As shown in this figure each stage of cooling includes an evaporative pad for cooling and humidifying the secondary air and an air-to-air heat exchanger that transfers heat between the two air streams. In addition some of the stages include desiccant, which dries the primary air stream. The desiccant is preferably a liquid, such as an aqueous solution of calcium chloride, lithium chloride, lithium bromide, glycol, or similar material. Materials such as sodium hydroxide and sulfuric acid have excellent physical properties but are very corrosive and dangerous to handle. Calcium chloride is very inexpensive, has acceptable thermodynamic properties, has relatively low toxicity, and is generally the preferred desiccant material for this system.
Starting with the rightmost stage 177 secondary air flows over evaporative pad 158 and through air-to-air heat exchanger 159. The primary air flows through the other side of the air-to-air heat exchanger 159. The flow directions of the two air streams are perpendicular to each other with the primary air going is a straight line through the heat exchanger.
Next to the left is stage 176, which includes a desiccant 161 that is in the primary air stream. The desiccant is preferably provides a surface that is wetted by a liquid desiccant that is in direct contact with the primary air stream. The evaporative pad 56 cools and humidifies the secondary air stream. The secondary air stream cools the primary air stream in air-to-air heat exchanger 157.
The stages 170, 175, 173, and 171 are similar to stage 177 with evaporative pads 154, 150, 146, and 144 in the secondary air stream and air-to-air heat exchangers 155, 151, 147, and 145 transferring heat between the two air streams.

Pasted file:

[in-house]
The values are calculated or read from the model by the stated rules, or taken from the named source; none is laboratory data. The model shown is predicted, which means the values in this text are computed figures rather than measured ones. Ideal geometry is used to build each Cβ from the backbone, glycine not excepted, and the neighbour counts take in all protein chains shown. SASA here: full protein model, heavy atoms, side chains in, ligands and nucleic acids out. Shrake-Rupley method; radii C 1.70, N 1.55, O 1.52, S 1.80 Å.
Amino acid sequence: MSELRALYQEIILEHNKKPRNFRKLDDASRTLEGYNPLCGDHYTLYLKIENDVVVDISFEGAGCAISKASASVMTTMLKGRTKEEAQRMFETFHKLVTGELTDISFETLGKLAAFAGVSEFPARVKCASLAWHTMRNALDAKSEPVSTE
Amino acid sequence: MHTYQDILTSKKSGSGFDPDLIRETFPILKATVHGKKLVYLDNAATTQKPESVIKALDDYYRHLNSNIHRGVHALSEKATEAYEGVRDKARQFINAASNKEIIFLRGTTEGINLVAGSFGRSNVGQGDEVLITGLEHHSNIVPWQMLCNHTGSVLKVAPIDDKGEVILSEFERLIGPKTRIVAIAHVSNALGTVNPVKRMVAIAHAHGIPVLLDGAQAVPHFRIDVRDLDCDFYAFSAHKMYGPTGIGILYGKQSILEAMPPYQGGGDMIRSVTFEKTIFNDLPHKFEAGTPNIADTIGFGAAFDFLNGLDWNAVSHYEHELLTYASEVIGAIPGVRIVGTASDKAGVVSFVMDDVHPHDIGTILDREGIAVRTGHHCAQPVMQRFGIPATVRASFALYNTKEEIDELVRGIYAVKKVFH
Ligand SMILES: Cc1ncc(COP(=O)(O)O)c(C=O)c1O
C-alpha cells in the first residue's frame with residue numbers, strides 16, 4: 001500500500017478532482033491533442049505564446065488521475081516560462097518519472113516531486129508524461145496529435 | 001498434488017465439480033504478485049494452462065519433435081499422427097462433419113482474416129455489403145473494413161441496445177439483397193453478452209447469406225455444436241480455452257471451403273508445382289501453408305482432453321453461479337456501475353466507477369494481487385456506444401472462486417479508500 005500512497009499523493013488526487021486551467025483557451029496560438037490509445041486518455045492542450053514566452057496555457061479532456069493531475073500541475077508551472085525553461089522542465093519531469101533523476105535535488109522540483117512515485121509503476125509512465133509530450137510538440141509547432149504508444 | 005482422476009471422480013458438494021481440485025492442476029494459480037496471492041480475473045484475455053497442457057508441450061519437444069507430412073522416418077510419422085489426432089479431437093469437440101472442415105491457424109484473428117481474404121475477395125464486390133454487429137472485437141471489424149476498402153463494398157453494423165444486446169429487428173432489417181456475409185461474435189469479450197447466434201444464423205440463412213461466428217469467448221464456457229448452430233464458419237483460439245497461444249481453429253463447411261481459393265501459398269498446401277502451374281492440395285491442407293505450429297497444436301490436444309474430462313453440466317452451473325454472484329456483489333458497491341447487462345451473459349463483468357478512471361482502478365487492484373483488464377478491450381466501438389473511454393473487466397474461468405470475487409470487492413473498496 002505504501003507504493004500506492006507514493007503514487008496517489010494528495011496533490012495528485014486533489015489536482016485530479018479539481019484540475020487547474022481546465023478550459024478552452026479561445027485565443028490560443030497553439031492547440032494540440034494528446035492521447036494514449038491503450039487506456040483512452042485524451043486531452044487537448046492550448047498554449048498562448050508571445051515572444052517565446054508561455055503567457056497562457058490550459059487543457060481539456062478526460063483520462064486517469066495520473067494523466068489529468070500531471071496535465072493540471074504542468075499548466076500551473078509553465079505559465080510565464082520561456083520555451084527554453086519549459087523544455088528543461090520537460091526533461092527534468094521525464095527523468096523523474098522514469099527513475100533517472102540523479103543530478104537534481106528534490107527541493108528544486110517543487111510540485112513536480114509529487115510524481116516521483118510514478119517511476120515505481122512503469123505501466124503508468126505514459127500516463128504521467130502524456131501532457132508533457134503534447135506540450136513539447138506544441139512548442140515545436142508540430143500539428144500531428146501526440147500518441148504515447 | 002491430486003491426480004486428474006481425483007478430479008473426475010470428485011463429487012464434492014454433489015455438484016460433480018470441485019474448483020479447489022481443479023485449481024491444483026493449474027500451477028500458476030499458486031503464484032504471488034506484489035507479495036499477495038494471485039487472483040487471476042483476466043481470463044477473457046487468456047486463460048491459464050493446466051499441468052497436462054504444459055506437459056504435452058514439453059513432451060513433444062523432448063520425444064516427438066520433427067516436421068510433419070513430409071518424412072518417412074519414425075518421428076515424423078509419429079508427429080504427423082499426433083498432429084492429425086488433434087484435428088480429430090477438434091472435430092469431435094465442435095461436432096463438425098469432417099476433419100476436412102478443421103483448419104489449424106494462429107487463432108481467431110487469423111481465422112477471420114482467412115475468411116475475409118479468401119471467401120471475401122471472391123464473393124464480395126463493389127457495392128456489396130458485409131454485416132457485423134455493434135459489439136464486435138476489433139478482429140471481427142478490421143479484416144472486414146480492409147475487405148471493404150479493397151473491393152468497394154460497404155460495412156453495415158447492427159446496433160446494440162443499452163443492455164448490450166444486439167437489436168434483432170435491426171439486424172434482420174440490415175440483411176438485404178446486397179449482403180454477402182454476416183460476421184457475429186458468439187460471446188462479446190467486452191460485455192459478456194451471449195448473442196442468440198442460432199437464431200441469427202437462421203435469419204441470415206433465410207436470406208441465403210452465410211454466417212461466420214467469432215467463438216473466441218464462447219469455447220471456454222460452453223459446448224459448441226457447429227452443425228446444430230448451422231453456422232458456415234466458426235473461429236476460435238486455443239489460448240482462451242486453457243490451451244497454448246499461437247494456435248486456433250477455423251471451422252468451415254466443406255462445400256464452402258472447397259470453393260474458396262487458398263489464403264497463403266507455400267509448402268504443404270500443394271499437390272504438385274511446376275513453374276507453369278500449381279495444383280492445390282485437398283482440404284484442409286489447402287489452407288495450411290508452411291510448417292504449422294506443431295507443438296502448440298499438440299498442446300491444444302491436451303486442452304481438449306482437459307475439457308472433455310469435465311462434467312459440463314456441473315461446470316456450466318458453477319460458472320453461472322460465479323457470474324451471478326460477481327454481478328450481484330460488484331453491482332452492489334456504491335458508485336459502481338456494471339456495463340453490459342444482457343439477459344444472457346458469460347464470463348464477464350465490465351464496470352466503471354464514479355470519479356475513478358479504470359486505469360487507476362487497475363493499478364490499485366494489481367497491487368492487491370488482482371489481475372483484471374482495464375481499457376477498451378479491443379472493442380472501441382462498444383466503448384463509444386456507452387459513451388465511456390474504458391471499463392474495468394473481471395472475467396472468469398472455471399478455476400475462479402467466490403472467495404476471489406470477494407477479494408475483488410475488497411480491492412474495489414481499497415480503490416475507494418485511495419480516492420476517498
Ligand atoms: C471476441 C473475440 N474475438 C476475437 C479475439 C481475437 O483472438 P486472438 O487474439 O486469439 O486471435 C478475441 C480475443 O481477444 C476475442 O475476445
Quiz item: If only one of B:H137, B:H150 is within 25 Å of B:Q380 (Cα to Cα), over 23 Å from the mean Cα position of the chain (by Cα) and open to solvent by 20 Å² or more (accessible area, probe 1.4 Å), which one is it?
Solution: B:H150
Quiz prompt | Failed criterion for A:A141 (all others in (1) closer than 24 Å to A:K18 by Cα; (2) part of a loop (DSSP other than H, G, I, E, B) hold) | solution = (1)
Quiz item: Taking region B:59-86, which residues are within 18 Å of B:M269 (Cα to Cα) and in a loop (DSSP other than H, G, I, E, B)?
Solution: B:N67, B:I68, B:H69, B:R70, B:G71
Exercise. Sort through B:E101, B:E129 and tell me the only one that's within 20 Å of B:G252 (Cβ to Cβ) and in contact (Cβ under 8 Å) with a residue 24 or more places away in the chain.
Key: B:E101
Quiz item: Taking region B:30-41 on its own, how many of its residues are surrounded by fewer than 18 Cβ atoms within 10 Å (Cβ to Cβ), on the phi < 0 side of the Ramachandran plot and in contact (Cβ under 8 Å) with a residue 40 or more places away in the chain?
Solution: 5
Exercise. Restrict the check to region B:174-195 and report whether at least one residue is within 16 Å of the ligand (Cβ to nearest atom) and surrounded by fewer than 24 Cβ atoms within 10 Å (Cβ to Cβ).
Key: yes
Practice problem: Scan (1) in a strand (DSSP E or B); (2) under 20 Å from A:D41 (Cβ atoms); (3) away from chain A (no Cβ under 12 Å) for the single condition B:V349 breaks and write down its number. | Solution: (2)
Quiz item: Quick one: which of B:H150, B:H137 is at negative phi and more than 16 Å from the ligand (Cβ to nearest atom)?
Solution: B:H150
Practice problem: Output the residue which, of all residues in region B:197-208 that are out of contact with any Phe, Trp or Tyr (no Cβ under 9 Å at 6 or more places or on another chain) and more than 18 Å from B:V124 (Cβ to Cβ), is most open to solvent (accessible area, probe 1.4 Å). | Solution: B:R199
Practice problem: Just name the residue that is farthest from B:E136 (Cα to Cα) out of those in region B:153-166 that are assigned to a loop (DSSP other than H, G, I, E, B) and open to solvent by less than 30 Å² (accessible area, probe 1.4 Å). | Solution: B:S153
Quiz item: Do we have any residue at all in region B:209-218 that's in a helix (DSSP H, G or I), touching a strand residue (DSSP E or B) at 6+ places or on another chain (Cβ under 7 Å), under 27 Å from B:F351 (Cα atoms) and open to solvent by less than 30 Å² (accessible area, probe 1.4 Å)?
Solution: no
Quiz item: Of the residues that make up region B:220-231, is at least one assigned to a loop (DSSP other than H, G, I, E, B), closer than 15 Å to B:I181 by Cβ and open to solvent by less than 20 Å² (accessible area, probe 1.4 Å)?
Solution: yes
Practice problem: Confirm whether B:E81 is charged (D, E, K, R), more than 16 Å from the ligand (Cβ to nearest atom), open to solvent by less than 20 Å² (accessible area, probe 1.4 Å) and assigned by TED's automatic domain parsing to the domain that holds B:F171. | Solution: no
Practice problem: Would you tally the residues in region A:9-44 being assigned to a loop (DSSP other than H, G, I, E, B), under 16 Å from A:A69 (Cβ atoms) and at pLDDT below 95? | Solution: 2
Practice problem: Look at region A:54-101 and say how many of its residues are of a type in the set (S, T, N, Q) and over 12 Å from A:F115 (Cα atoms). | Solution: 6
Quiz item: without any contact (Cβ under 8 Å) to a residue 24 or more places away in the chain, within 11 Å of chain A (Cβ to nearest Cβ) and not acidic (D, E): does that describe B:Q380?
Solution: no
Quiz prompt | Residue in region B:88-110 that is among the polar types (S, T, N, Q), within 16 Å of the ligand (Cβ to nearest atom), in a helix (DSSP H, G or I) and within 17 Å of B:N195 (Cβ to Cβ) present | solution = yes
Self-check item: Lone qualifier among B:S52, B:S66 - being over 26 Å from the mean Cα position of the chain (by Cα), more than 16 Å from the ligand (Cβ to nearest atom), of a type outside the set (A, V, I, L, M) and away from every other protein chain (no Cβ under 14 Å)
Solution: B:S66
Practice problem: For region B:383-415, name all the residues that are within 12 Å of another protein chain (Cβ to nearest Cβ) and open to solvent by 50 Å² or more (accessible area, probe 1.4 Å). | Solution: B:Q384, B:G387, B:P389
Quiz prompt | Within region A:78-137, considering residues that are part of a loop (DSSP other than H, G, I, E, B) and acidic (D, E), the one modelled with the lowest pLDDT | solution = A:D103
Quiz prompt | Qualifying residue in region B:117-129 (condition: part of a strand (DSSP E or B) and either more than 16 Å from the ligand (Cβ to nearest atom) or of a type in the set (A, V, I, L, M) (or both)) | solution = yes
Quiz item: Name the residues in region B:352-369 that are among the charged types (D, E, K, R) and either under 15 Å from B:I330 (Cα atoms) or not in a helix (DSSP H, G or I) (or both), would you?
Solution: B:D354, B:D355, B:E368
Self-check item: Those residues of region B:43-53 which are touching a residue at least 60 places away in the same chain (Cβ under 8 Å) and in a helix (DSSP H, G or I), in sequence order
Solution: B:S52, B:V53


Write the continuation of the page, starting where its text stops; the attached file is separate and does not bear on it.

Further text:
The stages 174 and 172 are similar to stage 176. They include desiccants 162 and 163 which dehumidify and increase the temperature of the primary air stream. The evaporative pads 148 and 152 cool and humidify the secondary air which cools the primary air in air-to-air heat exchangers 149 and 153.
Mist Cooling Option: FIG. 6 is another heat exchanger configuration that uses a mist cooling system. Fan 220 draws in the main air stream 200. The air moves in a straight line through interior channels 209 in panels 208 and is cooled by evaporating water mist 205 on the outside of panels 208. The mist is supplied by nozzles 204 that are connected by way of pipe 212 to a source of pressurized water 213. The water is preferably demineralized and filtered to prevent clogging and fouling of the nozzles and the heat exchanger surfaces. As the main air stream leaves the heat exchanger, a portion of the air forms a secondary air stream 202, which returns on the wet side of the heat exchanger. Dividers 207 direct the secondary air in multipass counter crossflow arrangement as shown by the arrows. Housing 210 and wall 211 prevent undesirable air leakage. Fan 221 moves the secondary air out of the heat exchanger in exhaust stream 203. Drains 222 may be included at the bottom of the housing to remove excess water.
Simple Solar Collector: FIG. 7 is a simple solar collector for regenerating a desiccant solution. Liquid header, 230 trickles desiccant liquid 238 over collector surface 231 which is tilted at an angle to allow drainage through trough 234. Solar radiation 233 is transmitted through cover 235 and warms the desiccant liquid 238. The collector surface is preferably black and is backed by thermal insulation 232 to maximize energy collection.